I am writing a websocket server in PHP (using the
sockets extension) and I need a bit of help understanding to what extent I need to deal with fragmented messages.
My understanding of how websocket information is passed is as follows:
- Client application sends a
MESSAGE(of arbitrary length) to the client-side API.
- Client-side API splits the
MESSAGEinto one or more
FRAMES(also of arbitrary length) and sends them to the network layer.
- The network layer splits the data into a number of
PACKETSto be sent over the network via TCP.
- The server receives the TCP
PACKETS(possibly out-of-order, but it re-orders them if necessary) and delivers them to the application that is listening on the relevant port.
- The application calls
socket_recv()to read the received data from the socket.
The thing I want to understand is what data that my application will see when reading a stream of websocket data using
Specifically, to what extent do I need to worry about the fragmentation?
To help explain my question, here is the above process in diagrammatic form:
1. Web app (messages): [Message_1][Message_2] 2. Browser (frames) : [Messag][e_1][Messag][e_2] 3. TCP send (packets) : [Mess][ag][e_1][Mess][ag][e_2] 4. TCP recv (packets) : [ag][Mess][e_2][ag][Mess][e-1] 5. socket_recv : ???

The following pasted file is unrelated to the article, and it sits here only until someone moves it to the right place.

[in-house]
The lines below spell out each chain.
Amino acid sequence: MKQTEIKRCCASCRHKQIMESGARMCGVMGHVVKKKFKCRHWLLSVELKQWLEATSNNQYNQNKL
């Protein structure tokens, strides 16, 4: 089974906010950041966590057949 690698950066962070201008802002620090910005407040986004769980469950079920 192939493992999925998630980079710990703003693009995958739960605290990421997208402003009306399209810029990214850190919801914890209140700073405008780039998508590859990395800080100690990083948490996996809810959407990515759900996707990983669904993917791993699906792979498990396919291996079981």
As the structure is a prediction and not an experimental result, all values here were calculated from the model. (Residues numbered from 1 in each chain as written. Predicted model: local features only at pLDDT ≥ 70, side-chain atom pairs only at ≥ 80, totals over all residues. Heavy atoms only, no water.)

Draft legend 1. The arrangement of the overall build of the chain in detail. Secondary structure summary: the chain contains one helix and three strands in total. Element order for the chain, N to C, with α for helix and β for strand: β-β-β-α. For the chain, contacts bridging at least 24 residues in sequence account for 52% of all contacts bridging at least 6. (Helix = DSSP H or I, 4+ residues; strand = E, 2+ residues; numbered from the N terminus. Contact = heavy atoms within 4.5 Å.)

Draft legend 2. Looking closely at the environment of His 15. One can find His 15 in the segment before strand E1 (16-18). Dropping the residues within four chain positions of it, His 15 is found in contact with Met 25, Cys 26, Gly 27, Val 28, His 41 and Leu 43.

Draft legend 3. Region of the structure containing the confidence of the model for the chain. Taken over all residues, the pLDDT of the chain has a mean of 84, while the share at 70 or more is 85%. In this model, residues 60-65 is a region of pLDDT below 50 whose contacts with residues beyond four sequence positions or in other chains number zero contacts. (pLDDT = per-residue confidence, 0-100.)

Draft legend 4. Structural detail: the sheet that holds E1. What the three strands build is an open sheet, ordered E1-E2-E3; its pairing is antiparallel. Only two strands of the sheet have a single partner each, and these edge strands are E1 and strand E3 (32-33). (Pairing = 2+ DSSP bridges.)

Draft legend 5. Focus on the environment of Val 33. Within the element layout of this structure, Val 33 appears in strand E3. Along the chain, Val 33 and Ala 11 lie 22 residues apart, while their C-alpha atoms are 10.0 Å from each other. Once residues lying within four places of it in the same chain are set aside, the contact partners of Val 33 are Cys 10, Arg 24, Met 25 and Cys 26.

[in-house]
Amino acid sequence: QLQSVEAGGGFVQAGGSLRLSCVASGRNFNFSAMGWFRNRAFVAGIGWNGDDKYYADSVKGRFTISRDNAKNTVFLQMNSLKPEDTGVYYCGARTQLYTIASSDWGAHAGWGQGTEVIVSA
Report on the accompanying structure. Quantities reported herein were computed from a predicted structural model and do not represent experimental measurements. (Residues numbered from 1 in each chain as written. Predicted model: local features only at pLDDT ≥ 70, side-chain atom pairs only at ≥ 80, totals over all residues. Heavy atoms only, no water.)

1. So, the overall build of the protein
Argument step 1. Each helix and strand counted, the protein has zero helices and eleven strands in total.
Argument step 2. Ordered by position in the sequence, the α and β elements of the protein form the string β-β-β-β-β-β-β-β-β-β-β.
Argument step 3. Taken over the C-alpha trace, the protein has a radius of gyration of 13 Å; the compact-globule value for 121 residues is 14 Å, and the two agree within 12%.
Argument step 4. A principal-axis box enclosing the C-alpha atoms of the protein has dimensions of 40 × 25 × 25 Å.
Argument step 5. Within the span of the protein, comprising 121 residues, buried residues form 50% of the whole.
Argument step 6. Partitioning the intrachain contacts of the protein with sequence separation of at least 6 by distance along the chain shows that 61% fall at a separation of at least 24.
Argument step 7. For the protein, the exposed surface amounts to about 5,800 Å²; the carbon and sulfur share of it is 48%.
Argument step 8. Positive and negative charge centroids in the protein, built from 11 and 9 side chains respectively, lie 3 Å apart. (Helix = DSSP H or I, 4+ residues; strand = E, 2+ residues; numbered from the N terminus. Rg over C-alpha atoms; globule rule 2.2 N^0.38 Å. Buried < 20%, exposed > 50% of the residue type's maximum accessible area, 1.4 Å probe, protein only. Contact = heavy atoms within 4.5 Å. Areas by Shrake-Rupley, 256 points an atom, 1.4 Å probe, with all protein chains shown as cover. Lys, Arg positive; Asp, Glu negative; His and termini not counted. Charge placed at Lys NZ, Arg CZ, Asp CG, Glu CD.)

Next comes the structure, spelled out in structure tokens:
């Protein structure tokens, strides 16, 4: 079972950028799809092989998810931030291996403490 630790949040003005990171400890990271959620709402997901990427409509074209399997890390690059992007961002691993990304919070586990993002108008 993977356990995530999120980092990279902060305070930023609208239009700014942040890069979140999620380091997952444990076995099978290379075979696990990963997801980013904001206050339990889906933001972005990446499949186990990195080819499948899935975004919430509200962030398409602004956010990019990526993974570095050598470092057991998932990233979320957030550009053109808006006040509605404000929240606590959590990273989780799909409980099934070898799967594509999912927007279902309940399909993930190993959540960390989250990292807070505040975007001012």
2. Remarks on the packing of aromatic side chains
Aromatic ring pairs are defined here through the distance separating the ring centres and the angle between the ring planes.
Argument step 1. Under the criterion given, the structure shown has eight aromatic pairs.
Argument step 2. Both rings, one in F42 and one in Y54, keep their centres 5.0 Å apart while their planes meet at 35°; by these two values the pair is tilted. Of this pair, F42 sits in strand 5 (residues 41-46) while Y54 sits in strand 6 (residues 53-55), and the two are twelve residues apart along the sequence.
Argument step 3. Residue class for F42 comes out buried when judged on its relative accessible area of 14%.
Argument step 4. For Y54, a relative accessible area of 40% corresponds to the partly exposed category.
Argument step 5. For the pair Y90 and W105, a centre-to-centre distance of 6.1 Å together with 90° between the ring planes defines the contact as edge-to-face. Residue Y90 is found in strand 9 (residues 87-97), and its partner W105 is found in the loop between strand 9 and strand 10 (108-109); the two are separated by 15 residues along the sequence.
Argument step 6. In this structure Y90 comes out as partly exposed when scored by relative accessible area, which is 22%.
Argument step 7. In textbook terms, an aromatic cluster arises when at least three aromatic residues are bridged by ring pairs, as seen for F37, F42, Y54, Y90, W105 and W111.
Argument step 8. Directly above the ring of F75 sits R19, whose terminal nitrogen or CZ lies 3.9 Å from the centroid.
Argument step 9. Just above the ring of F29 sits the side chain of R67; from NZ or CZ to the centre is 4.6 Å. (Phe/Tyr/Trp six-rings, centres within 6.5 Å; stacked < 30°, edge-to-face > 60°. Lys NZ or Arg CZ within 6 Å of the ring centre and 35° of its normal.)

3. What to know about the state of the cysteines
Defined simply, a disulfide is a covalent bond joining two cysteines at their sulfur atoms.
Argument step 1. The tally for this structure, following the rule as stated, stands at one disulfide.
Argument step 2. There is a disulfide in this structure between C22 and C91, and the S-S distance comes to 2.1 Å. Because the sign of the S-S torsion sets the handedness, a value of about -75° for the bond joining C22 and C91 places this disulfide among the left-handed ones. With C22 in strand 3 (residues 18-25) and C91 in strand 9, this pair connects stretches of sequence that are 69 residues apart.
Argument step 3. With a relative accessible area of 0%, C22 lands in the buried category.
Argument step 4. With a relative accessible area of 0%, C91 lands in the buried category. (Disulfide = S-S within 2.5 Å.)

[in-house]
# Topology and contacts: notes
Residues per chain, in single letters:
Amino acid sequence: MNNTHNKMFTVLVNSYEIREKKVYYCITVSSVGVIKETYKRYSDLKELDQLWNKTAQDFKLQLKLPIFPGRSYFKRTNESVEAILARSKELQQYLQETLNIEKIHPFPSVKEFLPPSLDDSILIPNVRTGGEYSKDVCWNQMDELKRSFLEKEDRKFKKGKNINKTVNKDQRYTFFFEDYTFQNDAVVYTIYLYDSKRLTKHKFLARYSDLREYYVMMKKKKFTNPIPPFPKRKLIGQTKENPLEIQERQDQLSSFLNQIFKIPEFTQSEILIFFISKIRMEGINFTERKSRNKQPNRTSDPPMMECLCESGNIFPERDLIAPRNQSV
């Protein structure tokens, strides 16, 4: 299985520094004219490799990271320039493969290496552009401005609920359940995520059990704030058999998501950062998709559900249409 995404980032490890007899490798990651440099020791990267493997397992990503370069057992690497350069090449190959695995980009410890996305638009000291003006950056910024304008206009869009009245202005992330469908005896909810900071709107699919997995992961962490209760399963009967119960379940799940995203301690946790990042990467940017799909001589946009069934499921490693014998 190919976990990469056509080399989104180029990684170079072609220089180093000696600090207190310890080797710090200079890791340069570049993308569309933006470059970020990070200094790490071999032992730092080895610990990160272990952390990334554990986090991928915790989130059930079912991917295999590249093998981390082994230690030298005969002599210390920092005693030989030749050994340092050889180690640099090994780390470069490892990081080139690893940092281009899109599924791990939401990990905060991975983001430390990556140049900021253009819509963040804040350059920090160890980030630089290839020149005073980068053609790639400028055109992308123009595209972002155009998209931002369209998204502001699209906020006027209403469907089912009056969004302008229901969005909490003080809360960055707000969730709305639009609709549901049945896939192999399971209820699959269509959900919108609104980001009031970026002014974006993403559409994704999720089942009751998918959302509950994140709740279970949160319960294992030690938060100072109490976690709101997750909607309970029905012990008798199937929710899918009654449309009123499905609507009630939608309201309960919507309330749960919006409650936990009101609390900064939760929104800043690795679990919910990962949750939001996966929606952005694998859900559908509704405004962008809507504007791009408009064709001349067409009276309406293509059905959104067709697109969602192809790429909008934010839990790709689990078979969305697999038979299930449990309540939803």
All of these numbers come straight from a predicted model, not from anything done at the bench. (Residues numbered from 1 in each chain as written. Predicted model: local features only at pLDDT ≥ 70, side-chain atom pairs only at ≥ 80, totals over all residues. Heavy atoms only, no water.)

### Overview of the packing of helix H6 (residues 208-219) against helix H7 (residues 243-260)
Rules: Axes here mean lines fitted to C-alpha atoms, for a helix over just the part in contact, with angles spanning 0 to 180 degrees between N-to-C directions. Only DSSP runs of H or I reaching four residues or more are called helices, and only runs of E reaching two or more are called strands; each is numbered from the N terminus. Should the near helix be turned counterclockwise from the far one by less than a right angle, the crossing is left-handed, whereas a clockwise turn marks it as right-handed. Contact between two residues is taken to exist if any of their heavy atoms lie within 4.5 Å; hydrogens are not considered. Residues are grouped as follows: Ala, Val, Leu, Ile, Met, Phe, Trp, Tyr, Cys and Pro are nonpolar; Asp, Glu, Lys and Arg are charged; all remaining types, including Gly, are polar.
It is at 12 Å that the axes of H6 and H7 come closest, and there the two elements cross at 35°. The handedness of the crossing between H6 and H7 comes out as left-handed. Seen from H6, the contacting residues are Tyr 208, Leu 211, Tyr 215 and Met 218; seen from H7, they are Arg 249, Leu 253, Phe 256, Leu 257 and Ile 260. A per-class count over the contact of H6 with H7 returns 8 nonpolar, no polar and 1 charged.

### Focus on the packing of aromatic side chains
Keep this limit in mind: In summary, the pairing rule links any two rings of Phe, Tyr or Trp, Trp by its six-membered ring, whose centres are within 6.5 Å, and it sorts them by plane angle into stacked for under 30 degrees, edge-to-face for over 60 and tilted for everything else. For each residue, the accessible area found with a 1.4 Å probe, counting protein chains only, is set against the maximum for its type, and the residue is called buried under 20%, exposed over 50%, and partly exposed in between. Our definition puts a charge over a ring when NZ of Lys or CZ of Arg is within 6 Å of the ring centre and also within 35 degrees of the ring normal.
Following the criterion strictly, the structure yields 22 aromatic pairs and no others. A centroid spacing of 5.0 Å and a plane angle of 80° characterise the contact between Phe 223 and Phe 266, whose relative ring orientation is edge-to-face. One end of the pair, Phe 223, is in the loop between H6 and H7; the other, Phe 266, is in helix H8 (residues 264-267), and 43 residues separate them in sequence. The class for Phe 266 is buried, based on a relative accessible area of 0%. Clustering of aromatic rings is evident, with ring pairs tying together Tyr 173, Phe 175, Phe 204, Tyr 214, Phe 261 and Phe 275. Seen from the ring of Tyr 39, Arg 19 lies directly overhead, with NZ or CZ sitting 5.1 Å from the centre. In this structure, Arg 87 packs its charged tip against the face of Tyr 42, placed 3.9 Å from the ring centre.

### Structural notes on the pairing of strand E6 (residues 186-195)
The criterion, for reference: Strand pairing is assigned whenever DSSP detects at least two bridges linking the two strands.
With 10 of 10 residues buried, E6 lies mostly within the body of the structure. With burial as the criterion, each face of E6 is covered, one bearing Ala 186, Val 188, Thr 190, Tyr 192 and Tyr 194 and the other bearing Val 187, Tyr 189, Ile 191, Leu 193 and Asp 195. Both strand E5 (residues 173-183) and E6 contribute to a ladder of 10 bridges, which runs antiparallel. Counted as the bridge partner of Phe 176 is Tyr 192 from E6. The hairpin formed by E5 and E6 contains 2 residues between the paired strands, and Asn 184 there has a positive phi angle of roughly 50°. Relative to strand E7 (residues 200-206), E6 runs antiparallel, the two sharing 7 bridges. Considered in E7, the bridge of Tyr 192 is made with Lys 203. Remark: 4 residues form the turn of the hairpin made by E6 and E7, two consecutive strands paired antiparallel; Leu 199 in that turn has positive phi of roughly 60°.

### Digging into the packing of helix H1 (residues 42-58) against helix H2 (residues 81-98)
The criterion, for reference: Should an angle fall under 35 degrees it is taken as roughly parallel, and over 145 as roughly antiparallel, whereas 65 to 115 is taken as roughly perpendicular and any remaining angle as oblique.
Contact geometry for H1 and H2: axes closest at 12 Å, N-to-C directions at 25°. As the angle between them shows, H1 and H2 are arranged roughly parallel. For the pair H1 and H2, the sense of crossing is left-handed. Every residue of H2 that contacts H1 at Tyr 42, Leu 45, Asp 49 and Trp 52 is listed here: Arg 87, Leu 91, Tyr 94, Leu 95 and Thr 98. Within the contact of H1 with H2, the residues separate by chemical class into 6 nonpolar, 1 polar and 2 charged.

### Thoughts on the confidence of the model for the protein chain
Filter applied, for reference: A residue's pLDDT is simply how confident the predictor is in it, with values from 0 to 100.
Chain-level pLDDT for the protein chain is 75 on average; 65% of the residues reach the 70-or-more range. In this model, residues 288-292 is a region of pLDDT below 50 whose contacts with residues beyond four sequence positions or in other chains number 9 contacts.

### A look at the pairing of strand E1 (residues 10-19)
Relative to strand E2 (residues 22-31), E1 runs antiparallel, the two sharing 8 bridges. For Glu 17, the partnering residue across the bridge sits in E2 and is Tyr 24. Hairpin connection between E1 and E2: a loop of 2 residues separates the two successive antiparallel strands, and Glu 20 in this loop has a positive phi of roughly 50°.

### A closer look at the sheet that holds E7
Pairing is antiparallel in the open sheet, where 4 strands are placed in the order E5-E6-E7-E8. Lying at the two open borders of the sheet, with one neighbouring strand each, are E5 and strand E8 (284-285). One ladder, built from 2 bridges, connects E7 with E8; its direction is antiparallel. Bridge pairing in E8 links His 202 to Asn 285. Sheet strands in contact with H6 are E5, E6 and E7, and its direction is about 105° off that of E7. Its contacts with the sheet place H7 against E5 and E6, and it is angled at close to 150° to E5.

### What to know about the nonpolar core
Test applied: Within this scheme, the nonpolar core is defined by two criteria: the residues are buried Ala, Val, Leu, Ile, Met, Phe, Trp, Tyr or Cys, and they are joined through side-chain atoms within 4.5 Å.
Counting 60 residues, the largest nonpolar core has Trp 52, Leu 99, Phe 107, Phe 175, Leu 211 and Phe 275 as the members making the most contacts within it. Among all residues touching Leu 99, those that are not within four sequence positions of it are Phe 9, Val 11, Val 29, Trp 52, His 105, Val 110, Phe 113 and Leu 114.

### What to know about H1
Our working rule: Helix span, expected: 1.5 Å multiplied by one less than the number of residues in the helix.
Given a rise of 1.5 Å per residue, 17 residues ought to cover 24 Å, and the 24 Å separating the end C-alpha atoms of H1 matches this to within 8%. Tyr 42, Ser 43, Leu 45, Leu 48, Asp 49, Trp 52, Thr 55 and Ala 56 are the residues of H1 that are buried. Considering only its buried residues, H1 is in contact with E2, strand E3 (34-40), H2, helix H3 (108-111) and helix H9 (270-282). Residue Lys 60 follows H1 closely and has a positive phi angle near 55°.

If I call
socket_recv() in a loop, until it returns a length of zero (adding to my internal buffer each time), am I guaranteed to get a single, complete
socketrecv: [Message_1] socketrecv: [Message_2]
Or a single complete
socketrecv: [Messag] socketrecv: [e_1] socketrecv: [Messag] socketrecv: [e_2]
Or, will it actually be an arbitrary series of
PACKETS representing whatever data has been received so far (which may therefore be a partial
FRAME or even multiple
socketrecv: [Messag socketrecv: e_1][Mess socketrecv: socketrecv: ag socketrecv: e_2]
Or something else?
I am quite happy stitching together the various
FRAMES of data, but it will make things a lot easier if I can assume the first bytes of received data in each poll (instigated using
socket_select()) will always be the
FRAME header, rather than having to handle it as a raw byte stream which needs to be stitched back into
FRAMES before we begin.